Durvalumab (By injection)
Treats non-small cell lung cancer (NSCLC) and small cell lung cancer (SCLC).
ImfinziThere may be other brand names for this medicine.
When This Medicine Should Not Be Used:This medicine is not right for everyone. You should not receive it if you had an allergic reaction to durvalumab, or if you are pregnant.
How to Use This Medicine:
- Your doctor will prescribe your dose and schedule. This medicine is given through a needle placed in a vein. This medicine must be given slowly, so the needle will have to stay in place for at least 60 minutes.
- You will receive this medicine while you are in a hospital or cancer treatment center. A nurse or other trained health professional will give you this medicine.
- This medicine should come with a Medication Guide. Ask your pharmacist for a copy if you do not have one.
- Missed dose: This medicine needs to be given on a fixed schedule. If you miss a dose, call your doctor, home health caregiver, or treatment clinic for instructions.
Drugs and Foods to Avoid:
Ask your doctor or pharmacist before using any other medicine, including over-the-counter medicines, vitamins, and herbal products.
Warnings While Using This Medicine:
- It is not safe to take this medicine during pregnancy. It could harm an unborn baby. Tell your doctor right away if you become pregnant. Use an effective form of birth control during treatment with this medicine and for at least 3 months after your last dose.
- Do not breastfeed during treatment and for 3 months after the last dose.
- Tell your doctor if you have kidney disease, liver disease, breathing or lung problems, diabetes, immune system problems, or any type of infection.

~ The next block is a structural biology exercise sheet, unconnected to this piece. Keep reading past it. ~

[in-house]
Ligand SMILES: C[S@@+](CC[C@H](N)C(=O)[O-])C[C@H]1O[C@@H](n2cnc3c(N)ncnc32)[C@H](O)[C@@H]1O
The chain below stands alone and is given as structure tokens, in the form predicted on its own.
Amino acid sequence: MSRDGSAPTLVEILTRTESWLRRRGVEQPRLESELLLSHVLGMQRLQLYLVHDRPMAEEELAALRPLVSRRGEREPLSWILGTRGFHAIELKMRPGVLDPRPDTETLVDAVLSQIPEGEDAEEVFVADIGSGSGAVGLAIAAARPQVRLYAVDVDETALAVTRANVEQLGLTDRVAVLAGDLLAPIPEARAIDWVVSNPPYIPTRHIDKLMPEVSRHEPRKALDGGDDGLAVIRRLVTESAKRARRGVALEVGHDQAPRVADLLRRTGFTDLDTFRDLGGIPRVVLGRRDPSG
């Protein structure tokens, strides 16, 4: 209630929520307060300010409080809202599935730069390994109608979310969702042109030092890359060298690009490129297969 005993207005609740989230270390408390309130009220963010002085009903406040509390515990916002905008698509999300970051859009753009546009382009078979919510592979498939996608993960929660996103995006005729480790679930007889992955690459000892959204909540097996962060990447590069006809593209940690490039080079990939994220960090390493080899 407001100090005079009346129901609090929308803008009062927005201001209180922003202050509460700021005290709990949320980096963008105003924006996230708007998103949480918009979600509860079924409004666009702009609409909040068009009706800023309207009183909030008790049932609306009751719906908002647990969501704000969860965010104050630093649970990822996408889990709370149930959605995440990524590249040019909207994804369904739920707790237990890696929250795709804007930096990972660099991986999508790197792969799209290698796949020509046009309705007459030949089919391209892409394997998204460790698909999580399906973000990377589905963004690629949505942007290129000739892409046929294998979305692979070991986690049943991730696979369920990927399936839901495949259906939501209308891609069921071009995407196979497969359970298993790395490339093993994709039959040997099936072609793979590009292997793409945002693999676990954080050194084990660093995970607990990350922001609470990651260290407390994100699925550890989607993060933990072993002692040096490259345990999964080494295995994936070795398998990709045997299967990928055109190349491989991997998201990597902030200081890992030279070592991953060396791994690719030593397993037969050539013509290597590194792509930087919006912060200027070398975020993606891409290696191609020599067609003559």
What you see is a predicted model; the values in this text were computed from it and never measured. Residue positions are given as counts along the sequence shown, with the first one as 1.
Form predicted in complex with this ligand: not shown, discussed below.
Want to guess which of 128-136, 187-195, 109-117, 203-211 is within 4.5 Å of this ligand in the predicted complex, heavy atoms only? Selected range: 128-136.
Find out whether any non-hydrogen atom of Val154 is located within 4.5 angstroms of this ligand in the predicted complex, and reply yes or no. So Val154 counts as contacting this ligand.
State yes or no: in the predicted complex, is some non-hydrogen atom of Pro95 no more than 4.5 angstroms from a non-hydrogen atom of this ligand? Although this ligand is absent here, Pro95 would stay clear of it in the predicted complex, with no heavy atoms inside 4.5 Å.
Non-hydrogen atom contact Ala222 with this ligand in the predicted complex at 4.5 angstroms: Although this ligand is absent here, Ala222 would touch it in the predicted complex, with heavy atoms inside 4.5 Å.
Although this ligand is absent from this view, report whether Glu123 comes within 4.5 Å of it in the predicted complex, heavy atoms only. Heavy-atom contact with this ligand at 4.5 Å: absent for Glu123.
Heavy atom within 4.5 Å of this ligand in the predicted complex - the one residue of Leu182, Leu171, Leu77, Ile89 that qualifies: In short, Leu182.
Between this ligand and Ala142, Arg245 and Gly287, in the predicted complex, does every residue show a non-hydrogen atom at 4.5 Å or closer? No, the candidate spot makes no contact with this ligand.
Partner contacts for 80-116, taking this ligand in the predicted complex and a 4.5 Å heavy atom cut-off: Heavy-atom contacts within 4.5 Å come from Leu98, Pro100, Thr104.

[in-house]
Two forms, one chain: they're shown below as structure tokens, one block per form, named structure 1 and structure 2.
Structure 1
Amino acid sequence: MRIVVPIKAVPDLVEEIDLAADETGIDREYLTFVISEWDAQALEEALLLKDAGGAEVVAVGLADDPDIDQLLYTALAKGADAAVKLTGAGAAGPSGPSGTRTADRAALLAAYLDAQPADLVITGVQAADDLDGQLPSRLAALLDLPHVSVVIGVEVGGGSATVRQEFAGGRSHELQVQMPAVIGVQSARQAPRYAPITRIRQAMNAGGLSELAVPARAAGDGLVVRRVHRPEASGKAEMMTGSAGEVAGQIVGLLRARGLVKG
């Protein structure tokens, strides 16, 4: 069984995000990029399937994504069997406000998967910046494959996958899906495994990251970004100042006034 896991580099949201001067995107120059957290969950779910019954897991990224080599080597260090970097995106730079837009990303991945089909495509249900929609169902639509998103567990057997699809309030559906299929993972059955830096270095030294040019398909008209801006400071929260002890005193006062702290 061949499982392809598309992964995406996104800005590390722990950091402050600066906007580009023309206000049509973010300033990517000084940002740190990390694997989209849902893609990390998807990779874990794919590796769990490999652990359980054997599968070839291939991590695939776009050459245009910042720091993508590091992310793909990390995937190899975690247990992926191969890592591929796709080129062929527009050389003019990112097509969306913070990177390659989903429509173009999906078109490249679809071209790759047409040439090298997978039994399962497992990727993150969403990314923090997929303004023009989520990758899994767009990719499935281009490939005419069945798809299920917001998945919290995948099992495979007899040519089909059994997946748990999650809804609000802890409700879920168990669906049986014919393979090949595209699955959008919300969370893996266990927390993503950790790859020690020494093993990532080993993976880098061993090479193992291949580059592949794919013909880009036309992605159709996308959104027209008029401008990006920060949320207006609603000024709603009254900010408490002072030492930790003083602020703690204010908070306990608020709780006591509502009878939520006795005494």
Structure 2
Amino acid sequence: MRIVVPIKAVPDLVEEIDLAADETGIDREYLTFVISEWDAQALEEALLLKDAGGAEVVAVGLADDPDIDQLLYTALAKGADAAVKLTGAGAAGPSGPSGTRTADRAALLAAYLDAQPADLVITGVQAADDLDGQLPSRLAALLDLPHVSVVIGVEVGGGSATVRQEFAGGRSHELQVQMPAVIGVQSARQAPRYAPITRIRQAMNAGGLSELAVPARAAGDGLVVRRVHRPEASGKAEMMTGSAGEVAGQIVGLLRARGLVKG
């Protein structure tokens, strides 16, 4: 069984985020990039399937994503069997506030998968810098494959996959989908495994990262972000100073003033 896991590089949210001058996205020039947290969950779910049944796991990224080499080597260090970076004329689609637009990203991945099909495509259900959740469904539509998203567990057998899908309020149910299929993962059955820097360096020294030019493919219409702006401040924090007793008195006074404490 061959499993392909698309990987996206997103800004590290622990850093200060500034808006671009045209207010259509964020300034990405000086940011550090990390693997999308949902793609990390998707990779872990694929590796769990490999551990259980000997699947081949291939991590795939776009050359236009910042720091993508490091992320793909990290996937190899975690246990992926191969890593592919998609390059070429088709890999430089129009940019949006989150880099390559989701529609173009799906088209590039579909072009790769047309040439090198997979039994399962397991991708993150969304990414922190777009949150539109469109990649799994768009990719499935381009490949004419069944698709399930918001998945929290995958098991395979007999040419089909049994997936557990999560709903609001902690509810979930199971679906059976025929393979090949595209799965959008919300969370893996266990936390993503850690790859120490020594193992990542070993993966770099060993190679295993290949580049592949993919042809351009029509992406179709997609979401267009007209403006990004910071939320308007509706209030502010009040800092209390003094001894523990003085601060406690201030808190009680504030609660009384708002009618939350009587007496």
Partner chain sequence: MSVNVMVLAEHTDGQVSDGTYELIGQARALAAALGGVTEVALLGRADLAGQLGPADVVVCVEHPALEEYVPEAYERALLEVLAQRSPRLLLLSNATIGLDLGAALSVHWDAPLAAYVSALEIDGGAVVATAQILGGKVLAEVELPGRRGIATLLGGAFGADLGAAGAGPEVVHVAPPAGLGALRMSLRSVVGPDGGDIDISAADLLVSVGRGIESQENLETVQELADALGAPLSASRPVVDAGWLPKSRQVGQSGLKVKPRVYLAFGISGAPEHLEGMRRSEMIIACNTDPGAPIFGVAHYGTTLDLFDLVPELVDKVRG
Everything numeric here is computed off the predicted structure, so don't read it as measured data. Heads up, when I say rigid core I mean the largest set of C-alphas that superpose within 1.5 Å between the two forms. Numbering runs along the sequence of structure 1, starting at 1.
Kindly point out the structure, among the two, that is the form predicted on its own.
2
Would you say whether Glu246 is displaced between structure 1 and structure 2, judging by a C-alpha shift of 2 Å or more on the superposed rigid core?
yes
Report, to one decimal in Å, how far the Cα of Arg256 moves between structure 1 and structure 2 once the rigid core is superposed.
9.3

- This medicine may cause the following problems:
- Severe inflammation, including pneumonitis (lungs), colitis (bowels), hepatitis (liver), nephritis (kidney)
- Thyroid problems, or similar problems with other organs and body systems (including the nervous system)
- Serious skin reactions (including exfoliative dermatitis, Stevens-Johnson syndrome, drug rash with eosinophilia and systemic syndrome (DRESS), or toxic epidermal necrolysis)
- Increased risk of infections
- Infusion reaction
- Increased risk of possible organ transplant rejection
- Medicines used to treat cancer are very strong and can have many side effects. Before receiving this medicine, make sure you understand all the risks and benefits. It is important for you to work closely with your doctor during your treatment.
- Your doctor will do lab tests at regular visits to check on the effects of this medicine. Keep all appointments.
Possible Side Effects While Using This Medicine:
Call your doctor right away if you notice any of these side effects:
- Allergic reaction: Itching or hives, swelling in your face or hands, swelling or tingling in your mouth or throat, chest tightness, trouble breathing
- Blistering, peeling, red skin rash
- Blurred vision or changes in vision
- Change in how much or how often you urinate, increased hunger or thirst
- Changes in skin color, dark freckles
- Confusion, seizures, stiff neck, sleepiness, or numbness, tingling, or burning pain in your hands, arms, legs, or feet
- Dark urine or pale stools, nausea, vomiting, loss of appetite, yellow skin or eyes
- Diarrhea that may contain blood, severe stomach pain
- Fever, chills, trouble breathing, dizziness, skin rash while receiving the infusion
- Weakness, headache, weight changes, feeling cold, or changes in mood or behavior
If you notice these less serious side effects, talk with your doctor:
- Muscle or joint pain
- Pain, itching, burning, swelling, or a lump under your skin where the needle is placed
If you notice other side effects that you think are caused by this medicine, tell your doctor
Call your doctor for medical advice about side effects. You may report side effects to FDA at 1-800-FDA-1088
Last Updated: 11/16/2021